Wednesday, May 22, 2013

Comforts from Romans: Celebrating the Gospel One Day at a Time, by Elyse Fitzpatrick


Counselor and author Elyse Fitzpatrick's devotional study of the book of Romans. The book is broken up into 32 daily meditations, each under 10 minutes, as well as an introduction and appendices. Fitzpatrick's focus is on, well, the Gospel--specifically, the finished work of Christ on the cross. In fact, she focuses so much on Christ's finished work that she winds up sounding (at least to this recovering legalist) borderline antinomian. Not explicitly antinomian, mind you--she is adamant that the completeness of Christ's work in freeing us from the law should not result in lawlessness. But she is clearly focused on undoing the evils of legalism and salvation by works, the earning of God's favor by our own efforts. And good on her for taking that bull by the horns. But as someone who is all to willing to tolerate my own sin, I know I need a good kick in the pants and a healthy dose of teaching on how to fight the sin from which I have been set free.

To be fair, Fitzpatrick tries to offer teaching on this subject. But her examples--parking in a 'no parking at night' zone--leave much to be desired. If Jesus died so that I no longer have to obey the parking rules, why shouldn't I 'honor' Him by parking wherever I want in a demonstration of the freedom He's given me? But sin is not merely a violation of some silly 'malum prohibitum' rule--it is inherently wrong, and it's wrongness does not change just because of my salvation. I am free from the law--yes! But the law is still a reflection of the character of the God who bought me, and I must strive to honor Him by obeying it. Of course, I don't actually strive. I've much too lazy and self-satisfied for that. But I should. Not because I am earning my salvation. But because my obedience--made possible by His grace and strength--brings glory to the God I love. All of which Fitzpatrick agrees with ... I just would have liked more focus on how to fight sin well. Still, I don't think anything she said was wrong, and all in all, this is a very helpful review of the Gospel.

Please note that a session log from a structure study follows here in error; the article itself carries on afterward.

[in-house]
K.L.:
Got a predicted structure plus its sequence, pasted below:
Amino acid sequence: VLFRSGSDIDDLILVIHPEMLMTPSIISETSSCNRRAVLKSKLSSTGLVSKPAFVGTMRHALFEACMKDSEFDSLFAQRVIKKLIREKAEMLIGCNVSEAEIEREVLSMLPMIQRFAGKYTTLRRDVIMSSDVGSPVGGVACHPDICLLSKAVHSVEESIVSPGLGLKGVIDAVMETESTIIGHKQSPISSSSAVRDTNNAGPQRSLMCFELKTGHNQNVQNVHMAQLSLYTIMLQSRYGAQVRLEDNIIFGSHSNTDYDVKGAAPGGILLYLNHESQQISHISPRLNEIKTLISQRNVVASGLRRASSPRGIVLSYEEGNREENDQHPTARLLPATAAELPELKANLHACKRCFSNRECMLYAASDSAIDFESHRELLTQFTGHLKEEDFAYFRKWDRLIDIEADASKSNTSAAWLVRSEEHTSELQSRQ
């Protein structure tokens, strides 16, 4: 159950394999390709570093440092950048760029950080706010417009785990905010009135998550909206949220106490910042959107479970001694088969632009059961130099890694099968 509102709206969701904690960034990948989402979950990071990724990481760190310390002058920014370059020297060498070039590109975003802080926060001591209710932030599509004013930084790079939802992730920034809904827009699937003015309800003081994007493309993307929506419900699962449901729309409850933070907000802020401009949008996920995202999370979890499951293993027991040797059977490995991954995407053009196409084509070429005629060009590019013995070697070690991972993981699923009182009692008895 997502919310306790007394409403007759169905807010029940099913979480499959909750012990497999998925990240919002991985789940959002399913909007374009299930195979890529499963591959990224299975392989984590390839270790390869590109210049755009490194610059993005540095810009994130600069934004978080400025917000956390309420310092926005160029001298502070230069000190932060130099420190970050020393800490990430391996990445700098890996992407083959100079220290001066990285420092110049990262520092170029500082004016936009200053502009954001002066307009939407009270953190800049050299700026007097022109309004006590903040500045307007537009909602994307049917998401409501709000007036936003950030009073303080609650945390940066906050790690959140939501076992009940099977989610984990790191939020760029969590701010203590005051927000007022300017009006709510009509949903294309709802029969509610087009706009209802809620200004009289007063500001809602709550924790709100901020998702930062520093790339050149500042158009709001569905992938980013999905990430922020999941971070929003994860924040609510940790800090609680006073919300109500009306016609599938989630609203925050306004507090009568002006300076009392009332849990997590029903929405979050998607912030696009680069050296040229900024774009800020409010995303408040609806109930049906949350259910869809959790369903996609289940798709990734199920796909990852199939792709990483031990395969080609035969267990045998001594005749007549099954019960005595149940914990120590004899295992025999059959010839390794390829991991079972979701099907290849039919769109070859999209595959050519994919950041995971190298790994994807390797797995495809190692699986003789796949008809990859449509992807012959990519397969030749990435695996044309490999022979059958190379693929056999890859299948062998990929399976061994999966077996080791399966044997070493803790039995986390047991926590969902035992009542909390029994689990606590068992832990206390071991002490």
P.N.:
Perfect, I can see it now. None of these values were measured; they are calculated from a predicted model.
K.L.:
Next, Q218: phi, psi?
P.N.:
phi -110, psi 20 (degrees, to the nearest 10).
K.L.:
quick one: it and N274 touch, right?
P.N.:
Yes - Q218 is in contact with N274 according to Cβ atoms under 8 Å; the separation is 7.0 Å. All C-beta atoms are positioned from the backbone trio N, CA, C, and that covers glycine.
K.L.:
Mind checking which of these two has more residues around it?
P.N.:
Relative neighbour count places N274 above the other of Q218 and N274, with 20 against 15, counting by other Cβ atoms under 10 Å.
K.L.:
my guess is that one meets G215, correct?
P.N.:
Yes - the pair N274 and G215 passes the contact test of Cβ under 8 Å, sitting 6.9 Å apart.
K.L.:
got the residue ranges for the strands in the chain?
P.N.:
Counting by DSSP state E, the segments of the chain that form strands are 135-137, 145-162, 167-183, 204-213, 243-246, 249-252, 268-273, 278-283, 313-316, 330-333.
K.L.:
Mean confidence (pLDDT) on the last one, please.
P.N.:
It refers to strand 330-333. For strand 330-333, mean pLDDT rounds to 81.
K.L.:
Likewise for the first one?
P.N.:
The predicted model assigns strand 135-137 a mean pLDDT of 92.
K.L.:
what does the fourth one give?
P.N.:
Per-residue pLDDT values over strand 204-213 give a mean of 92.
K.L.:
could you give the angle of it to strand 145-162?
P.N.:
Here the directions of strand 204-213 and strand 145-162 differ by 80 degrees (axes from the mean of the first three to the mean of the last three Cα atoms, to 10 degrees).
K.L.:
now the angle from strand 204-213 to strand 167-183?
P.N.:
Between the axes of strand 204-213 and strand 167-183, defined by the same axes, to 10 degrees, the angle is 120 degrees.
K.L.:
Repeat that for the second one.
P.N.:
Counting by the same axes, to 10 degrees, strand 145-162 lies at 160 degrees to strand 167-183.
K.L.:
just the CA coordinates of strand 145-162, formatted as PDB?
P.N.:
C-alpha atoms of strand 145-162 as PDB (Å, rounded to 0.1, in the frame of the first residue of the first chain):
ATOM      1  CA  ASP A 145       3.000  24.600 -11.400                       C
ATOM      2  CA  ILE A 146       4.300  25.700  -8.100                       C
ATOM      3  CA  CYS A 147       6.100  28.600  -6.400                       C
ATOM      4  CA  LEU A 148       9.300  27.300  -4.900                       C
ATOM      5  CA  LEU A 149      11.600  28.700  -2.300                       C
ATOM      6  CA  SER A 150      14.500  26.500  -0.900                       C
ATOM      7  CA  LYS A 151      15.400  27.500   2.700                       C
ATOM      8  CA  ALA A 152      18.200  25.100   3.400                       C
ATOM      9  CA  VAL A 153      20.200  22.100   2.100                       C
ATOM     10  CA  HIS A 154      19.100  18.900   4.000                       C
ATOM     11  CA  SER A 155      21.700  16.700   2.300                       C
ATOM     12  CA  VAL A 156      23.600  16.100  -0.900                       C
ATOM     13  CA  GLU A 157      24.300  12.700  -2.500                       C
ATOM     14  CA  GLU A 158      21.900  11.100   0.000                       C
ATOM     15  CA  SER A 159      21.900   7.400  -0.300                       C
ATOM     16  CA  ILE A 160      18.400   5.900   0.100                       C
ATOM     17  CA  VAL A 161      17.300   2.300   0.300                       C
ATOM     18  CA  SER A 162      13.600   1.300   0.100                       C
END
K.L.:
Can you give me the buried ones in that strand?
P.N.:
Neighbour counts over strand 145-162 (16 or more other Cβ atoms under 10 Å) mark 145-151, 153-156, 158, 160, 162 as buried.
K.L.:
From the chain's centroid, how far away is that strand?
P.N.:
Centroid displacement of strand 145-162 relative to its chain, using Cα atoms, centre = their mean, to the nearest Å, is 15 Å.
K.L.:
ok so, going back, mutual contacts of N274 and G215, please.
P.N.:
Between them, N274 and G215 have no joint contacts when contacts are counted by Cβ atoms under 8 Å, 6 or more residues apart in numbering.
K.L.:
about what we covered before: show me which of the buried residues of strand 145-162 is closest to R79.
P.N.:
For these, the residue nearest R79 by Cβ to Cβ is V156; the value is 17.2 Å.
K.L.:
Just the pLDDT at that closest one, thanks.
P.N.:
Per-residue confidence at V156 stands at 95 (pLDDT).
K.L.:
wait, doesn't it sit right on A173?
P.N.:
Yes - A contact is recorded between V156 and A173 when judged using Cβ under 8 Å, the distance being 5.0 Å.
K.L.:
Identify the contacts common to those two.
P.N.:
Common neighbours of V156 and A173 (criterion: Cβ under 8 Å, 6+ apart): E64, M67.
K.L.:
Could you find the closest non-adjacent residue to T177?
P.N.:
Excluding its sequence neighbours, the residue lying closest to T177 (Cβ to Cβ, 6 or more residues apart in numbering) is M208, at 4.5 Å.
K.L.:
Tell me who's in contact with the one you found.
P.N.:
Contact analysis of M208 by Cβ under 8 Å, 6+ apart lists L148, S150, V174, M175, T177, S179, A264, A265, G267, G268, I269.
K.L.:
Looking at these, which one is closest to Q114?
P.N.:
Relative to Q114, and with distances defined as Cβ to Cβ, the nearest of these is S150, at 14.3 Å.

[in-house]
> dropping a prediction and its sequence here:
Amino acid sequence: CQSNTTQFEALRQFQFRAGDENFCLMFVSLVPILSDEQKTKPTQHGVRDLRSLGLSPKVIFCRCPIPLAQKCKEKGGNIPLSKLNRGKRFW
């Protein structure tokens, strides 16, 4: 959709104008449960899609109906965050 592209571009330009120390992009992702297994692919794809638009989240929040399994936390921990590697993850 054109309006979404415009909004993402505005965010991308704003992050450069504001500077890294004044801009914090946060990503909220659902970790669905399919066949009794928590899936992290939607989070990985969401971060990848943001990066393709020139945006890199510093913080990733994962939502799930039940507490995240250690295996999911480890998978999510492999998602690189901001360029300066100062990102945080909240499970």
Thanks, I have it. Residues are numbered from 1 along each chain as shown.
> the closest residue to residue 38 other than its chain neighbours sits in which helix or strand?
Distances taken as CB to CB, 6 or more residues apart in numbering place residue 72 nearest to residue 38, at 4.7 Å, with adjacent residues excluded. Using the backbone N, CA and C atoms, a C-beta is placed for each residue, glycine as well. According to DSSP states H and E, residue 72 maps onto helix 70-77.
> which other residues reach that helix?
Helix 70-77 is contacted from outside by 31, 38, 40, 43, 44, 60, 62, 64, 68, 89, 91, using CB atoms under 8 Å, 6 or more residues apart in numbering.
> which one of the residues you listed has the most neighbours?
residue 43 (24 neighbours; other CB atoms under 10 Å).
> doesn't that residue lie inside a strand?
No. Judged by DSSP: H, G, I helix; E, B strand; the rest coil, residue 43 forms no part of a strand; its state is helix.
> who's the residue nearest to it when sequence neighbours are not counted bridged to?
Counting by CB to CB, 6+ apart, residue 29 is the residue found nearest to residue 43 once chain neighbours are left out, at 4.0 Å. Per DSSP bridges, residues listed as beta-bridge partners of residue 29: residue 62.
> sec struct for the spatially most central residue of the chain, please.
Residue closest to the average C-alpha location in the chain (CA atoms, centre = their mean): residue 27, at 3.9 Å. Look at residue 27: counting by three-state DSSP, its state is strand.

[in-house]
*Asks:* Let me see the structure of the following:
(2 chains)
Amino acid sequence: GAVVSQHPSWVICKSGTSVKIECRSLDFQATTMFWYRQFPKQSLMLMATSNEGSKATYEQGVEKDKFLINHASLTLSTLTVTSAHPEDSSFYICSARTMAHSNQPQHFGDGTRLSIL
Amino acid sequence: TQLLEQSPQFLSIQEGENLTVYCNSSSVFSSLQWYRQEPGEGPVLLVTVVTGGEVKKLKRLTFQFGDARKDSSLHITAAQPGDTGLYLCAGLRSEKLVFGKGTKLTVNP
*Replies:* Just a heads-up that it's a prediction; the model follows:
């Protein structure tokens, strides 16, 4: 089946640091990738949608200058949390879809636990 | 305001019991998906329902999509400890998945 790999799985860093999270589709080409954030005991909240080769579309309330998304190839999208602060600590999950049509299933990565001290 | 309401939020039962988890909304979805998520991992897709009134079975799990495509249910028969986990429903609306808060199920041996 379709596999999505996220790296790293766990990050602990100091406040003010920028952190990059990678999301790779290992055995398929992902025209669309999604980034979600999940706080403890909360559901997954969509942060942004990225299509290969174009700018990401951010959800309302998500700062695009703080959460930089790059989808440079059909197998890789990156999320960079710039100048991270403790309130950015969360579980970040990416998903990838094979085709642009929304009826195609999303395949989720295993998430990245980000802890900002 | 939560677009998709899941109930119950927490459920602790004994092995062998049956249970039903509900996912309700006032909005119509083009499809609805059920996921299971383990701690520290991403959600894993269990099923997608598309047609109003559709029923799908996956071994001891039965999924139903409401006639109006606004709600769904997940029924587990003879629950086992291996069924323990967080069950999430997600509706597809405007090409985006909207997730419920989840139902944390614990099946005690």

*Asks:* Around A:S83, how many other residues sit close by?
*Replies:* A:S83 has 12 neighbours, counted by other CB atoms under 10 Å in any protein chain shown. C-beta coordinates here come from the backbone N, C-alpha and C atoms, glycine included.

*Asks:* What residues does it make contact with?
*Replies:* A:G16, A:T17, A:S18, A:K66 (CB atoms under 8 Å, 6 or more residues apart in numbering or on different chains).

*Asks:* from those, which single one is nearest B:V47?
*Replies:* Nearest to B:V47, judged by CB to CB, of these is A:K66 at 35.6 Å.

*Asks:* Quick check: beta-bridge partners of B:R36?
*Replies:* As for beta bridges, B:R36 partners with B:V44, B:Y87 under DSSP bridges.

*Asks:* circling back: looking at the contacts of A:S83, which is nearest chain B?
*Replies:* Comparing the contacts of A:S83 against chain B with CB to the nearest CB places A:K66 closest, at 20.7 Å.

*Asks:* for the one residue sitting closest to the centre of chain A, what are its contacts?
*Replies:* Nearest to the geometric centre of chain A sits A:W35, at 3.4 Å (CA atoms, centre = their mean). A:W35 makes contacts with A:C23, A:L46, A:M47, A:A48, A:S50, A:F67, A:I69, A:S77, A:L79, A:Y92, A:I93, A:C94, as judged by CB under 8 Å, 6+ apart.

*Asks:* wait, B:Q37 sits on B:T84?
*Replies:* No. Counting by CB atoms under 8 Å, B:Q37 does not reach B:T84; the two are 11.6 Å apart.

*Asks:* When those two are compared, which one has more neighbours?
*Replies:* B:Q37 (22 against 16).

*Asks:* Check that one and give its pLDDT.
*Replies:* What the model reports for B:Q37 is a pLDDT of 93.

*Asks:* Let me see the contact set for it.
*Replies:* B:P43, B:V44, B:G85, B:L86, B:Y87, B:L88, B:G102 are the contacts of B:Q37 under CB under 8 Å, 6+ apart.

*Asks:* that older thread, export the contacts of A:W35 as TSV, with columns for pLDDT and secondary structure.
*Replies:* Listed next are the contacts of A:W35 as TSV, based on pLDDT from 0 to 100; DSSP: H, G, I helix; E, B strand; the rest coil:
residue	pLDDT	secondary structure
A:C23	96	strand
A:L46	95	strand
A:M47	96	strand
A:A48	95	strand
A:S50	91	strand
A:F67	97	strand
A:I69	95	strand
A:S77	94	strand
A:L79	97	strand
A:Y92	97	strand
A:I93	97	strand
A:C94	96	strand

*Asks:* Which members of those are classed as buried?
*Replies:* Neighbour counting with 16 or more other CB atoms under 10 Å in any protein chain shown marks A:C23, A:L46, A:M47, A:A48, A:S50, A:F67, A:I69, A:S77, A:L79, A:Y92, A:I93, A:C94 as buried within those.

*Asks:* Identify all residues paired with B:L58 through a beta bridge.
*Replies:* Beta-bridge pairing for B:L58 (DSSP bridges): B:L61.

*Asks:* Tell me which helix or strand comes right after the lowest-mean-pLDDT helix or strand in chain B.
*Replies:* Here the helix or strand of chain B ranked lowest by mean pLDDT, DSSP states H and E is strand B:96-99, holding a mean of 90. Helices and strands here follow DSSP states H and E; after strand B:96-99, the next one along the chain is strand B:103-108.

And unlike the rather in-your-face titling of books like What is the Gospel? or Am I Really a Christian?, Fitzpatrick chose a much more innocuous title. This means that you could easily gift this book to someone who (perhaps mistakenly) self-identifies as a Christian without proclaiming straight-off your doubts about their salvation. If the recipient is a Christian, then Fitzpatrick's meditations will be a great encouragement and reminder of the Gospel that is so dear to Christians. If the recipient is not a Christian, at least they will hear an explicit presentation of the Gospel. Every day. For 32 days.

Narrator Tavia Gilbert (who, according to Audible, has quite a collection of audiobooks under her belt, of both the Christian variety and the ... well, whatever the word is for 'half-naked dude on the cover') does an excellent job here, investing the text with a warmth and enthusiasm that fits well with the celebratory nature of the work. Fitzpatrick is encouraging her readers to savor the Gospel, and Gilbert's tone suits this purpose down to the ground. And at less than 10 minutes a section, the book works well as a daily devotional for those on the go--it fits easily into most commutes or even a brief mid-morning coffee break.

Recommended for those looking for a good daily meditation on the Gospel, or as a gift for those who may need a clearer understanding of the Gospel they claim to believe.

I received this audiobook for free from in connection with their Reviewer program. I was not required to write a positive review.

1 comment:

Tavia Gilbert said...

Alexis, thank you so much for the lovely review. I'm glad my narration brought this wonderful and important work to life.

And for the record — I enjoy narrating the soulful, contemplative title most. But your funny phrase about naked dudes on the cover made me giggle.